Does ‘Fish eating duck’ only refer to smews …. I thought most. if not all ducks ate fish ( if they could catch some ….). Couldn’t it just have been ‘ a type of duck ?’.

    Halves of some master-servant relationships – Genii ….. does this refer to garage door openers. Or genii in general ? … like Alladin’s pal ?

    I went to the Philly Reserve Bank and to Independence Hall. In the first one the docent had never taken economics, in college, so couldnt answer any of my three questions.
    1). If the paper used for currency notes is so bloody special – it is over 80% rag cloth paper – why dont they bleach it and reuse it, after cutting up old notes ? Rather than handing it in cut up form to bank visitors, like me.

    2) Why does the Reserve Bank(s) pay FACE VALUE for the notes and coins that they buy from the Philly Mint for coins, and the Wash DC printing presses for bank notes ?? After all, they are both agencies of the US govt. ….

    Anyway, I will have to investigate this, some other day.
    Have a nice day, all.

  6. Nice straight-forward puzzle for me today; about 30-35 minutes with no errors. Still, never heard of white Pinots, so will have to look into that.

    Interesting discussion, on alliteration. Busy, but will look into this a bit later.

    Holy Holm lasted all of one title match before she gave up the belt to someone even more ferocious.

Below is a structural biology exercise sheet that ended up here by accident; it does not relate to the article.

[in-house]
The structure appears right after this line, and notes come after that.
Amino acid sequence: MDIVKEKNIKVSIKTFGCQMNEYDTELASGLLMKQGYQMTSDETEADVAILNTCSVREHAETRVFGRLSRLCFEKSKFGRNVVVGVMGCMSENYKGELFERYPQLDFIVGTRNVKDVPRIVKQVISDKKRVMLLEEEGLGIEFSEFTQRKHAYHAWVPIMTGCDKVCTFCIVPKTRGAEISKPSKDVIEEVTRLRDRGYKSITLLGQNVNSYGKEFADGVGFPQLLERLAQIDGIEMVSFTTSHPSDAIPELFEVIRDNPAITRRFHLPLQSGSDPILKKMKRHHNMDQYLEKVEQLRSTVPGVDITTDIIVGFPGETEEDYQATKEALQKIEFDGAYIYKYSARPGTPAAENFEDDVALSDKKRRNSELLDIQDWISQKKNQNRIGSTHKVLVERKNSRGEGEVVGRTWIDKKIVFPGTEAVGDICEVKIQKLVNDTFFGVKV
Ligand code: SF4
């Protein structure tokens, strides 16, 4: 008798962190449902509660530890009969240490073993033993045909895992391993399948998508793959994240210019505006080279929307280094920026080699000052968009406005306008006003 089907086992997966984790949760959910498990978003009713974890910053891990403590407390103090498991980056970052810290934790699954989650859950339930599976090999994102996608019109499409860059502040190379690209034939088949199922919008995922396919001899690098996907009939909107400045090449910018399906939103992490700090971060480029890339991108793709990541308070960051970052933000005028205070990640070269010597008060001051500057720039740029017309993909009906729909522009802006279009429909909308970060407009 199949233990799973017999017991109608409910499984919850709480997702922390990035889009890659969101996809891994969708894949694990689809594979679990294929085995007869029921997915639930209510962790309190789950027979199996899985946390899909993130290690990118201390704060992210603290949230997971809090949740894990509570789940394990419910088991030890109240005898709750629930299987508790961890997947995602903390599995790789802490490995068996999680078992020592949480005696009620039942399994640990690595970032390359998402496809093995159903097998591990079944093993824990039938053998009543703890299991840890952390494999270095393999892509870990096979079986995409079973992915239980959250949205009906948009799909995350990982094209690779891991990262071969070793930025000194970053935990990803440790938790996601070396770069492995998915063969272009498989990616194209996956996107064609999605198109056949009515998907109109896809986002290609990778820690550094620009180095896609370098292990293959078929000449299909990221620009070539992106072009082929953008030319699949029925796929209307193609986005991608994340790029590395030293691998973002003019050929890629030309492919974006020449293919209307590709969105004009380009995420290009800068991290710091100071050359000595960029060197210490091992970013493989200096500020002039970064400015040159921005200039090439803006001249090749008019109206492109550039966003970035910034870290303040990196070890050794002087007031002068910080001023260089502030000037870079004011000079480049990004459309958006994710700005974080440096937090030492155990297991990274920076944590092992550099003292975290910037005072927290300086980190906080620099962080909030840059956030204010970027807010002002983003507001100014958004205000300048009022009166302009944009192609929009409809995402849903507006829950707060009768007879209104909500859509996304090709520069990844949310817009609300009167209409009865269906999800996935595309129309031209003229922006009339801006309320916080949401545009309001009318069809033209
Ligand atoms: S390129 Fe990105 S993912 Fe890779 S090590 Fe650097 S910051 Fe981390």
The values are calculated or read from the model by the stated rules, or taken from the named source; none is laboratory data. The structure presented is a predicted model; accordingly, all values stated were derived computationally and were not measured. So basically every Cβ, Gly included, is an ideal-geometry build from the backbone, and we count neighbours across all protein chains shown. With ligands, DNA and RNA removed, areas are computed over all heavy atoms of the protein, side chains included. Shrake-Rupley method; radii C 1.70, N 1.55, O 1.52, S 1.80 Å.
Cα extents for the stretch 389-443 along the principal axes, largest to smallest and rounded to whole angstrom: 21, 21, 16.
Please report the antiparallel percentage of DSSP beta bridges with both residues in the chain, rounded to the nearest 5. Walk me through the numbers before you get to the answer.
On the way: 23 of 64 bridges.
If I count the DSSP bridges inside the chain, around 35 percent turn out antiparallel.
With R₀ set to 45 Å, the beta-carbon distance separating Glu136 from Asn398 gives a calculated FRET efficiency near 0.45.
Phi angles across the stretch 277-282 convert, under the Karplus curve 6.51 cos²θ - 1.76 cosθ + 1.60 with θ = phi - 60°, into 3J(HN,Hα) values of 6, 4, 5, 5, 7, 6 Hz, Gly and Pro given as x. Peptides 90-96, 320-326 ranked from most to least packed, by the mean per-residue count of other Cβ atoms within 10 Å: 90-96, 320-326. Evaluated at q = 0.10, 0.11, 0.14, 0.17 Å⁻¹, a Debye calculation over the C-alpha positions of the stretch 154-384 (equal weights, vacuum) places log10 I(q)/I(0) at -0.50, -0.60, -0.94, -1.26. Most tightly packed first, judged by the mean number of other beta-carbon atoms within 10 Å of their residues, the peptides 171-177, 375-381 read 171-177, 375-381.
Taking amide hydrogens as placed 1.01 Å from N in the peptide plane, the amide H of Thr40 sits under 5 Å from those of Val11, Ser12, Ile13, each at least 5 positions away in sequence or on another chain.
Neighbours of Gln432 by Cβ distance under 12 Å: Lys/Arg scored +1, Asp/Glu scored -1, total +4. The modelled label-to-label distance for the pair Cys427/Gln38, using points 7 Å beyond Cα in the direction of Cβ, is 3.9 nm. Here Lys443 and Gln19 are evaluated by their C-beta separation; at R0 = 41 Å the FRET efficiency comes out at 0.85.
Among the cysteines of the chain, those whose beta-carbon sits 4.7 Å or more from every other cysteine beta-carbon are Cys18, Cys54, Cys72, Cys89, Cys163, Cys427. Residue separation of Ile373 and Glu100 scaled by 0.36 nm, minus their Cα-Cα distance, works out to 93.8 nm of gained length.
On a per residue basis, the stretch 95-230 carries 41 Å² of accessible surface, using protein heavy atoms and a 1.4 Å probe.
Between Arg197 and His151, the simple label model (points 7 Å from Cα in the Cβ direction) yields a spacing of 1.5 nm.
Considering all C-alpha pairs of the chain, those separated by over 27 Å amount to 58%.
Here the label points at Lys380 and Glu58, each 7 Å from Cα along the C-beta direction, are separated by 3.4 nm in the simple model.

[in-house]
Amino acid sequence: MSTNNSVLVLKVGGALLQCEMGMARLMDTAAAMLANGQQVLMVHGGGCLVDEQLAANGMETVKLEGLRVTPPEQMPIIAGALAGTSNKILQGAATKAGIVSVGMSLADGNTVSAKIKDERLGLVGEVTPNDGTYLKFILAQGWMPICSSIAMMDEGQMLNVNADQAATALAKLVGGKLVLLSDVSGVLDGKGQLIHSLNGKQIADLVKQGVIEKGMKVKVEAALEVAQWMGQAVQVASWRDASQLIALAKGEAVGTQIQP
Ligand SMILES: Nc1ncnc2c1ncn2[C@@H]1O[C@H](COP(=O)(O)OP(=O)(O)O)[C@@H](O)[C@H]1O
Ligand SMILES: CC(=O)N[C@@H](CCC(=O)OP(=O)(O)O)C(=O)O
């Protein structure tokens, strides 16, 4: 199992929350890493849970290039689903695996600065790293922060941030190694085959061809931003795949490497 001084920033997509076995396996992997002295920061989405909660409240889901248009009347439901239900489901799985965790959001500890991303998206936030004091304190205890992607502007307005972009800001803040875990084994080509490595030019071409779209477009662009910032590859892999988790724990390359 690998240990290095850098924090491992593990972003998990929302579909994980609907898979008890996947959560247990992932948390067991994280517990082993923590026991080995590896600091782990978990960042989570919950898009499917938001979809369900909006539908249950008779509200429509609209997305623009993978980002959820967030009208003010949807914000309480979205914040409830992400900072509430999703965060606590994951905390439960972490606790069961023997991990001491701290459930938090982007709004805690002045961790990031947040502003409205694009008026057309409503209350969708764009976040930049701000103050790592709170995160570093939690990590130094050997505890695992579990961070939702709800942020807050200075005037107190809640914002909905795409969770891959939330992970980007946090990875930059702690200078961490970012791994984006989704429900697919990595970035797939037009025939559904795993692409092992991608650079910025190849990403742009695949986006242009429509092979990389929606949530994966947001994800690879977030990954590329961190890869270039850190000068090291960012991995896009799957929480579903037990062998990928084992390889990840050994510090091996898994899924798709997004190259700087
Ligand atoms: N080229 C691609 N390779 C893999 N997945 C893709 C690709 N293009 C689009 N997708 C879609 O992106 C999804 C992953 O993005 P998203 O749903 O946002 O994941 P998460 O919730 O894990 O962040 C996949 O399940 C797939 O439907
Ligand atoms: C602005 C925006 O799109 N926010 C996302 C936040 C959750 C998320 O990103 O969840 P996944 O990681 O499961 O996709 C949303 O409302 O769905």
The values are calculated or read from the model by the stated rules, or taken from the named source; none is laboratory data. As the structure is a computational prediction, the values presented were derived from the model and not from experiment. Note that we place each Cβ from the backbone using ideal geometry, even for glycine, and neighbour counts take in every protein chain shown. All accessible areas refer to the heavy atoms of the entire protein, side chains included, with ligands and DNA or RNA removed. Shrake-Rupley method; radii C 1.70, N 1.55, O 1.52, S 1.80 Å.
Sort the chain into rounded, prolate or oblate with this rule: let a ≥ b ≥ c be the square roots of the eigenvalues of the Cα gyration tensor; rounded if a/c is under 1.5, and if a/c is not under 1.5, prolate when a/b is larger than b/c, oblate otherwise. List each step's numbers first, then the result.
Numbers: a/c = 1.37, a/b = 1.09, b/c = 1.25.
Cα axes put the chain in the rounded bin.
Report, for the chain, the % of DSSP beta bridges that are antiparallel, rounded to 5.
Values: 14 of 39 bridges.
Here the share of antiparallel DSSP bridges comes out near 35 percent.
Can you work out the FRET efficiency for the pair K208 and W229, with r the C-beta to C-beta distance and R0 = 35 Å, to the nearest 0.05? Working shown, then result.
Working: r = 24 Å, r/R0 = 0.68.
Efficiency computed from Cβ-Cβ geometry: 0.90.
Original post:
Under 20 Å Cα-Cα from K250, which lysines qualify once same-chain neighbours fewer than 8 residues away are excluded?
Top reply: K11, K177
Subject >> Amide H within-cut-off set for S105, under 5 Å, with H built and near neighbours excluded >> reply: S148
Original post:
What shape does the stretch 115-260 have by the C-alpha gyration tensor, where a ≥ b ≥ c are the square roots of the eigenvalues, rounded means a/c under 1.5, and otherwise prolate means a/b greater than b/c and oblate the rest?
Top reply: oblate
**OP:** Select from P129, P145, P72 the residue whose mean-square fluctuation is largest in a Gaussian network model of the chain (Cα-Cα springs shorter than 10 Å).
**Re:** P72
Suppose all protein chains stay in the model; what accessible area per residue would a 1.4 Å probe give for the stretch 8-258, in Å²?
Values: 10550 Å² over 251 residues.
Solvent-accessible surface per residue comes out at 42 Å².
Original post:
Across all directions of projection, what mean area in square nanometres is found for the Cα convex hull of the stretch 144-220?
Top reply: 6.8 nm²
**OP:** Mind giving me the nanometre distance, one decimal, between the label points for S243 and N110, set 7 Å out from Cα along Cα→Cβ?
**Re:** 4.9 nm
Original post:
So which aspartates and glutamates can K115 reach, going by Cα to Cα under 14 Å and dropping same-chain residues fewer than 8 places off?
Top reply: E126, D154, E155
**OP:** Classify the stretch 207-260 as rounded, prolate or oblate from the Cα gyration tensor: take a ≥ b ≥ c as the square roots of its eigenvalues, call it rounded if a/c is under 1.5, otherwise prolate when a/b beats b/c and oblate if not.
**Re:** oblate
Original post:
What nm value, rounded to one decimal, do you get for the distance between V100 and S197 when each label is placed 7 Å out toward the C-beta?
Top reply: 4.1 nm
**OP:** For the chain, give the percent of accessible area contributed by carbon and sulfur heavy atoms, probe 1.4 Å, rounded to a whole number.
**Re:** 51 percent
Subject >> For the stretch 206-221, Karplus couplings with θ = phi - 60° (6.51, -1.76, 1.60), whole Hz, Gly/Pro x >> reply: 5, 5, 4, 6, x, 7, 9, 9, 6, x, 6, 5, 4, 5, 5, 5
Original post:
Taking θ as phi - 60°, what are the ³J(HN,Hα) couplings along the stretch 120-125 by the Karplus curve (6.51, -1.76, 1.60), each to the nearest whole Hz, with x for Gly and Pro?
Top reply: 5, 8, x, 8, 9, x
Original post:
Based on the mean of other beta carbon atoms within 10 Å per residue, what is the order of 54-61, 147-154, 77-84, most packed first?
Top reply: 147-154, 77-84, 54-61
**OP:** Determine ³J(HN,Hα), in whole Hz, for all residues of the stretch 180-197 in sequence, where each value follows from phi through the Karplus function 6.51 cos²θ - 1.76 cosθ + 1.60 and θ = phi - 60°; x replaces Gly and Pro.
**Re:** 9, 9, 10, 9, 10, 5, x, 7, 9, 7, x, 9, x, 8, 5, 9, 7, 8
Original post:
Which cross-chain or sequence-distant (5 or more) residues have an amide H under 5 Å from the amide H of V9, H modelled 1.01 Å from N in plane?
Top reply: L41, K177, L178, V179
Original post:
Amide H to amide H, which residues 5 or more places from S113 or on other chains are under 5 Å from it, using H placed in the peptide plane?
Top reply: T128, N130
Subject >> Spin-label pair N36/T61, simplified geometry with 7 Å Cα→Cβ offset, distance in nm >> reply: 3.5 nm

7. Hi all! ?
    Easy puzzle today– a Wed/Thur tweener, it seemed to me. Didn’t even notice the theme, tho. Kinda convoluted, IMO, and probably quite the challenge to set.
    BILL! Hope you don’t mind my pointing something out. In the write-up you mention NOW. It stands for the National Organization for Women, not “of” women. Men can join too.?
    Pookie! Your link from Wednesday was hilarious! The President’s Speech! ???
    Here’s a little internal alliteration for y’all. I’m remembering milling around after a Dodgers game, alongside the ramp the players walked up to get to their parking lot:
    “Legions of fans dangled hands above the ramp.”
    Of course, legions of poets do it better than I…..
    Sweet dreams~~™?

    1. @Carrie
      I don’t mind at all! I value the badly-needed help in keeping up with my typos, especially important ones like “of” vs. “for” in the context of NOW. All fixed now! Many thanks, Carrie.